Soil Sisters: Come Unity: A call to build community

We don’t hear with our toes and see with our fingers. We don’t smell with our backs or taste with our knees. We don’t listen with our elbows. Our sense of touch varies throughout our body – what’s too hot or too cold for one part is just right for another, and this strange sense that tells us where our body is in space cannot be located in any one part. . But somehow our brain integrates all this information and allows us to move around the world safely, learning, doing, adapting to new and changing circumstances, as one body. unified.

A community is similar. We each experience the world a little differently and have different talents and skills. Some ask the big questions, others see the small details. We are leaders and followers, teachers and healers, protectors and explorers, farmers and mechanics, conservationists and miners, chefs and bankers, software and power engineers, artists and builders. Somehow, because of our diversity, we come together as one, as a community, and each individual is important.

Just as we learn to integrate information from different parts of our body, we learn to listen to different members of the community. We think about different viewpoints and how we feel about them, and decide whether they are relevant to our lives. We learn to work with those whose views and attitudes are not exactly our own. These experiences help us broaden our view of the world and appreciate different cultures and ideas, but they can also be uncomfortable and unsettling. That’s good. With each new person or idea we meet, we learn and grow, and we develop our own ability to deal with problems and adapt to changing circumstances.

We can build bridges, come together and create communities wherever we find ourselves. Farm families who are in their 4th, 5th or 6th generation on the same farm can be open and welcoming to those who have just learned to become farmers or who come from different places. We can learn from those who have practiced rotational grazing and organic vegetable production in Wisconsin for 50 years. We can learn from the newcomer from Thailand or India, Mexico or Pakistan, Nigeria or Afghanistan, who may or may not come from an agricultural tradition. We can also learn from the city dweller who moves to the countryside and decides to cultivate flowers or mushrooms or medicinal herbs. Those of us from elsewhere can adapt the cultures we know and love to a new environment, just as we ourselves learn to deal with the insects, diseases and weather conditions found here. Those with skills learned in the big city business world can teach their neighbors about Internet marketing, including festivals and live online sales. In the past two years, we have all discovered Zoom and Google Meet!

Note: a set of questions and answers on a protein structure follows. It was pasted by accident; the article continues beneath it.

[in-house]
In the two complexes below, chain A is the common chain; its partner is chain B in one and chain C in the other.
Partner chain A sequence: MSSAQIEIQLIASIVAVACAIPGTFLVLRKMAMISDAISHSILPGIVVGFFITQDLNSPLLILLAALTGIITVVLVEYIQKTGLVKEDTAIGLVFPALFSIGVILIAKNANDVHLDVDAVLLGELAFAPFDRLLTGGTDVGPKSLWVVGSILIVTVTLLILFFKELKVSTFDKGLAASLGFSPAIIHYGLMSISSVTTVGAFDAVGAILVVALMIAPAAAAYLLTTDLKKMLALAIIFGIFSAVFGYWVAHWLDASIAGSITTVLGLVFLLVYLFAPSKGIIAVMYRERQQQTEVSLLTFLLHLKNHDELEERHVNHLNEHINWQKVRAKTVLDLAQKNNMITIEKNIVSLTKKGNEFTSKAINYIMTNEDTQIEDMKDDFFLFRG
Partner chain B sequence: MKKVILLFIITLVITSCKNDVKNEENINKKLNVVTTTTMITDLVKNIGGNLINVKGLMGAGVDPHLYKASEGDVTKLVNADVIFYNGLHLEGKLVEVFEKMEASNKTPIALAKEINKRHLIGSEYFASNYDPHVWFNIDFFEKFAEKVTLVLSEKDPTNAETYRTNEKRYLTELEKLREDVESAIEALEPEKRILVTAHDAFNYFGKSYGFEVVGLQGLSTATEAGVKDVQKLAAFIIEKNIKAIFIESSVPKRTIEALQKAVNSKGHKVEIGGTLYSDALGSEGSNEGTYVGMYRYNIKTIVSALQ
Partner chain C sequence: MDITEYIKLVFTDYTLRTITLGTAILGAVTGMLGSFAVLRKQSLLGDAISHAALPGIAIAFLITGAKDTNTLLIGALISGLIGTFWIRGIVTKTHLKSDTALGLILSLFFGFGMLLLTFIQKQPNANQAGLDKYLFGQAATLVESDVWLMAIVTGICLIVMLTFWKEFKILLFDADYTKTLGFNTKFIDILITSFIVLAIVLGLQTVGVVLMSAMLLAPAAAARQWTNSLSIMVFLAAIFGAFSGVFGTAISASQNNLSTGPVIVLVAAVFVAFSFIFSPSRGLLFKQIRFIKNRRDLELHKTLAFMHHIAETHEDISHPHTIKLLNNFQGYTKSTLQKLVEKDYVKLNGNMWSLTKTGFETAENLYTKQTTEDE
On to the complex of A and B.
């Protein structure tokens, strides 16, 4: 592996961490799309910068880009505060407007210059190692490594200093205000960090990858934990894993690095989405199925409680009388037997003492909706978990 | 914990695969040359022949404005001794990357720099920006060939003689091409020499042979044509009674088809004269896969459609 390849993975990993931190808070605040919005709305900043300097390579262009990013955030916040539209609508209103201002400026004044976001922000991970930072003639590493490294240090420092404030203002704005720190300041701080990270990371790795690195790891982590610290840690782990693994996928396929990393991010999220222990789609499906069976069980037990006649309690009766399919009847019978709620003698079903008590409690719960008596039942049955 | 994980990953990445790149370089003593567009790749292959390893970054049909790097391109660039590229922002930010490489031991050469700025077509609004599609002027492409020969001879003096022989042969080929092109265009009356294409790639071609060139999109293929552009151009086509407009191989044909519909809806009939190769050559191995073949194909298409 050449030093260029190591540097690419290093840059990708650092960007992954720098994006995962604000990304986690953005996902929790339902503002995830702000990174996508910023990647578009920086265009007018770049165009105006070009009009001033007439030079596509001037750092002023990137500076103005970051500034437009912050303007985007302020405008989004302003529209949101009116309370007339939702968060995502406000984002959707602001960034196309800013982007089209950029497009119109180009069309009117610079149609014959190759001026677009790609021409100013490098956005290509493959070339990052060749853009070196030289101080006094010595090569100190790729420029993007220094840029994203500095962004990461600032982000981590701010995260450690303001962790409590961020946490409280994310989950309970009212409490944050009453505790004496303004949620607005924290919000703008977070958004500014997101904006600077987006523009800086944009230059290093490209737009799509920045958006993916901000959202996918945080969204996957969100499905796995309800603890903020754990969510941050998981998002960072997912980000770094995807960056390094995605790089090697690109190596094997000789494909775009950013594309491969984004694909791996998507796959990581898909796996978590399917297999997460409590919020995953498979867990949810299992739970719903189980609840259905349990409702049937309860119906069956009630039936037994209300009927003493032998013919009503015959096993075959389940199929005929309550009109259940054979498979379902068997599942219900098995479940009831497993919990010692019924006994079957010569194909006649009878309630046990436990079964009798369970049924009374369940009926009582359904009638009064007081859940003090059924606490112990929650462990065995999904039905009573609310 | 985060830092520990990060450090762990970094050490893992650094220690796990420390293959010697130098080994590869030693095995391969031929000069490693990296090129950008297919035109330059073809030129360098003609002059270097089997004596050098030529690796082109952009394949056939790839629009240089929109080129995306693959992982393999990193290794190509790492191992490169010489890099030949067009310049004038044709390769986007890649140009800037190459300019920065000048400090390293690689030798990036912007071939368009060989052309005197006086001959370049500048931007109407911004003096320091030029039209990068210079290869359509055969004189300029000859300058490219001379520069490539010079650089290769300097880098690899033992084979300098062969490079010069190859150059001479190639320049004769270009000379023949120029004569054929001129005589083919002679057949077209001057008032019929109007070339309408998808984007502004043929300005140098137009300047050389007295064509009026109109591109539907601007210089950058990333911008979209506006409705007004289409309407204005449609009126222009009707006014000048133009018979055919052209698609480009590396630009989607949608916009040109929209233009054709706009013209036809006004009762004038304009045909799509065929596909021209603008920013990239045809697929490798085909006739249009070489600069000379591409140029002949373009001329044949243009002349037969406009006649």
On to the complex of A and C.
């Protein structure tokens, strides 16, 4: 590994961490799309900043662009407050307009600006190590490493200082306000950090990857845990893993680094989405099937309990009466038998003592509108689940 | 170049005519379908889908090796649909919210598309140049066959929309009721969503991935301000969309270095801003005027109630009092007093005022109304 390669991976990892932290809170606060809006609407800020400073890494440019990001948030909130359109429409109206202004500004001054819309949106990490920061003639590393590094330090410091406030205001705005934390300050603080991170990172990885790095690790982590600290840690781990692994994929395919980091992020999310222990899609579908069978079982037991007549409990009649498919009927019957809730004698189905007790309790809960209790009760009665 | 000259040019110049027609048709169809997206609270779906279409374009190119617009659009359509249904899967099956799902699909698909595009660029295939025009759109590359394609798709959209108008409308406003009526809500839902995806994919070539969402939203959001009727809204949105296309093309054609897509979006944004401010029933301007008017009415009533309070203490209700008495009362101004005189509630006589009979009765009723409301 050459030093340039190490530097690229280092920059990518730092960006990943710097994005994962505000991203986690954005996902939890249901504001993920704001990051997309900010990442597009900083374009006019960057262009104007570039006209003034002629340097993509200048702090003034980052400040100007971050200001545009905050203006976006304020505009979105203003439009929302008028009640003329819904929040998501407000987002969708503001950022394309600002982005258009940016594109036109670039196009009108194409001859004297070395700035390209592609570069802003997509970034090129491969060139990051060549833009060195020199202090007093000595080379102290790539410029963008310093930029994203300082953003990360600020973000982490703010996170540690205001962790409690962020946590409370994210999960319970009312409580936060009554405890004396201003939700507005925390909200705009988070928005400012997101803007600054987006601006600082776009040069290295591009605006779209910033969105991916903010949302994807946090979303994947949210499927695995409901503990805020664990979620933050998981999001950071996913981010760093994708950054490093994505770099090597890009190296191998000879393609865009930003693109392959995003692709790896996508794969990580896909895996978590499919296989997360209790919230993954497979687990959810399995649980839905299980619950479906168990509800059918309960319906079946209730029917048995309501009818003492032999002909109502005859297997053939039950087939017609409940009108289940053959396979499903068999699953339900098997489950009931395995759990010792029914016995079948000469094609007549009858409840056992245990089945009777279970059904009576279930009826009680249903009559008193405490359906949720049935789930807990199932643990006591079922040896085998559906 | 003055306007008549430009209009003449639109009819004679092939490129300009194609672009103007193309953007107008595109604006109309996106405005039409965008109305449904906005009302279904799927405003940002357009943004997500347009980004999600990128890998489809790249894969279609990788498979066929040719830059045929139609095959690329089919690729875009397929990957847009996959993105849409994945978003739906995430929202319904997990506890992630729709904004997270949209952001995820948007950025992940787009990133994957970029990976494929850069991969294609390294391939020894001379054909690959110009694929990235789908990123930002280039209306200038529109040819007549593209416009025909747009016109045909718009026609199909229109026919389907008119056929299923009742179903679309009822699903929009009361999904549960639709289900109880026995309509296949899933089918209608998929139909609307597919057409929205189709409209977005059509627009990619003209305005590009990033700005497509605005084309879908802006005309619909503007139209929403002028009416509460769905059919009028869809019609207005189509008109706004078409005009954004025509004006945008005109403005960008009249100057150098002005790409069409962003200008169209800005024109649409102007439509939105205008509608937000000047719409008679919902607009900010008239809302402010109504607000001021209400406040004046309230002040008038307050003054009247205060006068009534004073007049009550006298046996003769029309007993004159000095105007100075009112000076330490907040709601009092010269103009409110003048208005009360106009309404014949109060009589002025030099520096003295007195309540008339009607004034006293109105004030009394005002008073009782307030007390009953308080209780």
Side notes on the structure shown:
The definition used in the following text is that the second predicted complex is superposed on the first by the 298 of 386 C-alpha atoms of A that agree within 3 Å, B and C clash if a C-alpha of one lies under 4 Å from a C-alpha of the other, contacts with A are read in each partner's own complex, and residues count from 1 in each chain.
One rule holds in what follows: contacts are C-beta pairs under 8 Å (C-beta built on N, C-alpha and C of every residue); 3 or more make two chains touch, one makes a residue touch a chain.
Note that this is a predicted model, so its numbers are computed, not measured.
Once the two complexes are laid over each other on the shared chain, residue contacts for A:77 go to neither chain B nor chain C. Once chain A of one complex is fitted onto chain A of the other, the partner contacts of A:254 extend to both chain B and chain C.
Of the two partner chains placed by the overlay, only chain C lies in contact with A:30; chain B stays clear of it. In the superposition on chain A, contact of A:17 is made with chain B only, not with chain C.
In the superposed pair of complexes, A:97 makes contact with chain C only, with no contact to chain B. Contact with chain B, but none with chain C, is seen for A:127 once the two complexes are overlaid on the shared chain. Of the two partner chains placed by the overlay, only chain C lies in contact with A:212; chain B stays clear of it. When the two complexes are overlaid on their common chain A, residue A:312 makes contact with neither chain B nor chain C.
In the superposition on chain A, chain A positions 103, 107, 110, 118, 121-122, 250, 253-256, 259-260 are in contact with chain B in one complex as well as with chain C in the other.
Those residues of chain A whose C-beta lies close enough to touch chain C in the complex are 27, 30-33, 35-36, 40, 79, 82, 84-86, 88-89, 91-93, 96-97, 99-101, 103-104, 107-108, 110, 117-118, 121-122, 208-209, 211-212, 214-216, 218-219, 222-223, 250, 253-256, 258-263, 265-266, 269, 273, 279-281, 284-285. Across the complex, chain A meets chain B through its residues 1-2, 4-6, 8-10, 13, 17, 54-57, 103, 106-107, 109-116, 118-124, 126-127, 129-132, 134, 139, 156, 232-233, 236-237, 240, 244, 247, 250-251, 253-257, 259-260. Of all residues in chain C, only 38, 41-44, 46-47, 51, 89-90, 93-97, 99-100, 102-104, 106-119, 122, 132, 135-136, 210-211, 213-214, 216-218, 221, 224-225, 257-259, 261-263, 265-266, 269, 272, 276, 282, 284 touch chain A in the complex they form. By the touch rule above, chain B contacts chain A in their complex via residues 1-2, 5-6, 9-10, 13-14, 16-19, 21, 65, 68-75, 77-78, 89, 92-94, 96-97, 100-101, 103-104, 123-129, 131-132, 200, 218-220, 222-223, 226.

We can also bridge the so-called urban-rural divide. No matter where we live, we all want decent and affordable health care, good schools, affordable housing, safe streets and good jobs. Most of us are concerned about drug addiction, poverty, racism and crime. But are city dwellers, who have access to buses and taxis, aware that more than 40% of rural people want to have access to any type of public transport? Or that more people in rural areas want better internet connectivity and worry about their jobs than people in urban or suburban areas? By coming together, we can develop strategies to deal with these issues.

When community members bridge their differences, communities become stronger, more resilient, more able to respond positively to change, adversity or disaster. In order to build bridges, we need communicators and their outlets, such as radio, newspapers, television, churches, small or large groups, and online social media. While it’s easy to pay attention to those who share similar views, we grow when we’re open to listening and learning from others. Just as children become proficient at walking and talking, and gain the confidence to deal with life’s setbacks and new experiences, when individuals make contributions to their communities and build connections among members, our communities (small and large) gain in character, strength and resilience. . When people take a risk by attending a meeting with a new or different group of people, they can be ignored and marginalized, which can lead to isolation, resentment and anger. Or they can be welcomed and appreciated, and thus be able to help the group grow and achieve its goals and objectives.

When individuals and groups reach out, we find common concerns and we can find common ground to build relationships, build bridges, build community, come together in unity.

– Grace McLaughlin wore many hats on her journey from Washington to California, from Florida to Wisconsin. She has been a horse trainer, wildlife conservationist, farmer and candle maker. most of his jobs involved teaching in one way or another. She grows garlic on a micro-farm on a limestone ridge outside New Glarus and is co-chair of the Community Kitchen Cooperative in Monticello. Support local farmers through https://www.communitykitchen.coop/. Soil Sisters, a campaign renewal program, connects and advocates for women in the Green County area engaged in sustainable and organic agriculture, land stewardship, local food, family farms and rural communities healthy and economically dynamic. For more information on the return of Soil Sisters Weekend August 5-7, see www.soilsisterswi.org.

Comments are closed.